I had a very bad experience field growing Chinese junipers in the north-east of France, friends were successfully growing them in the ground around Nice. I gave up after 3 years of marginal growth with close to no development and some branch loss. My itoigawa are now back in culture pots. I believe they do prefer having their roots warm. I had no serious issues with procumbens juniper in the past, so it is going to depend on which type of juniper you are growing.
The maples I have in the ground do thrive and grow like weeds.
Absolutely work on the nebari before putting the tree in the ground or you will waste years down the line trying to fix or replace it.
If you wire the trunks on field-grown material you will need to check them very often as the trunk will thicken faster and that may leave ugly scars.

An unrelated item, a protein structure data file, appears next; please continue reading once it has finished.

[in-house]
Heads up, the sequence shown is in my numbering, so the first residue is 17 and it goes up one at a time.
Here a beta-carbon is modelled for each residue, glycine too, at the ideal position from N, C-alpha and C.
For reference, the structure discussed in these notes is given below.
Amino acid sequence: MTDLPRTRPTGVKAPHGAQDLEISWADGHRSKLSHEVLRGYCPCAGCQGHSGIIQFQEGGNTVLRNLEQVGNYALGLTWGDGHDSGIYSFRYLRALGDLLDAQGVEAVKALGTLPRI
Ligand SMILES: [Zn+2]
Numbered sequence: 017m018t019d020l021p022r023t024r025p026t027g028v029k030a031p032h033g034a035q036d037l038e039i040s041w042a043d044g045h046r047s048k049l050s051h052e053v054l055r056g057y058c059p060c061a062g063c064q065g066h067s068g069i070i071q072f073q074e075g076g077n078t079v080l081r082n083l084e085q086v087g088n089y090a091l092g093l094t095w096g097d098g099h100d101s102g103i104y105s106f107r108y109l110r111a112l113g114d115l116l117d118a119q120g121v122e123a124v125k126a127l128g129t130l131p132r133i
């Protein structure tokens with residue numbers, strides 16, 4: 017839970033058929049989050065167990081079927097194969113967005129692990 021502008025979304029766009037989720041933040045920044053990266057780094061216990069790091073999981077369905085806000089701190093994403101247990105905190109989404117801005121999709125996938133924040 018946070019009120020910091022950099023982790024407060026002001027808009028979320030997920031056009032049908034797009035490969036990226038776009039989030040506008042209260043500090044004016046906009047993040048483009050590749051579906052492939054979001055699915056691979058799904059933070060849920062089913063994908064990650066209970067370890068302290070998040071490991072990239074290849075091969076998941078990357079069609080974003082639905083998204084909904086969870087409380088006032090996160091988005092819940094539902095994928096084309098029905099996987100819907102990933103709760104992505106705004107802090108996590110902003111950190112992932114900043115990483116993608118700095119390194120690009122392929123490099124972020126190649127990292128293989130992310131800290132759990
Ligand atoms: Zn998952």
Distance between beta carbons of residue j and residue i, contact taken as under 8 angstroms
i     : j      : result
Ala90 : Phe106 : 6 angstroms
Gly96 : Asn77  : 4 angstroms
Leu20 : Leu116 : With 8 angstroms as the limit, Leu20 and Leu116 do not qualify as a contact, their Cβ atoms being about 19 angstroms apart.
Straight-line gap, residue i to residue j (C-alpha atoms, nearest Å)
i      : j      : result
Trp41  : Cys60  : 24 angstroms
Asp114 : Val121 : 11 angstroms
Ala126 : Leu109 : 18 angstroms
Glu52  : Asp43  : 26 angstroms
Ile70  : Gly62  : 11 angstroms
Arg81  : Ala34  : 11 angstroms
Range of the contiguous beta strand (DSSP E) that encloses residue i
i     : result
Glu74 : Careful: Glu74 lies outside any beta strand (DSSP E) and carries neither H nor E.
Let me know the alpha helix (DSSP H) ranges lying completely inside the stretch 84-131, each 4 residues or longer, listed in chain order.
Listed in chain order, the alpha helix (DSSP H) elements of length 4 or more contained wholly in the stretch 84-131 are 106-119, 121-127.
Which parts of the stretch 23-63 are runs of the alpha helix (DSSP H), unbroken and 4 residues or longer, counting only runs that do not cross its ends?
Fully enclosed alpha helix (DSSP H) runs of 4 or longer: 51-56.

If you want a gnarly juniper mame/shohin from cutting, you start by wiring the cutting and giving it exaggerated curves, you wire it again the next year to give counter-curves or compress, then you can start adding a shari that will enhance the curves. If you do successive/close tight curves on the trunk, the first one needs to start at soil level otherwise you will get reverse taper when the trunk fleshes out. Kinbon had an article in Fall 2009 (if I recall) on a simplified process for pines using cable ties to compress the plant after wiring it.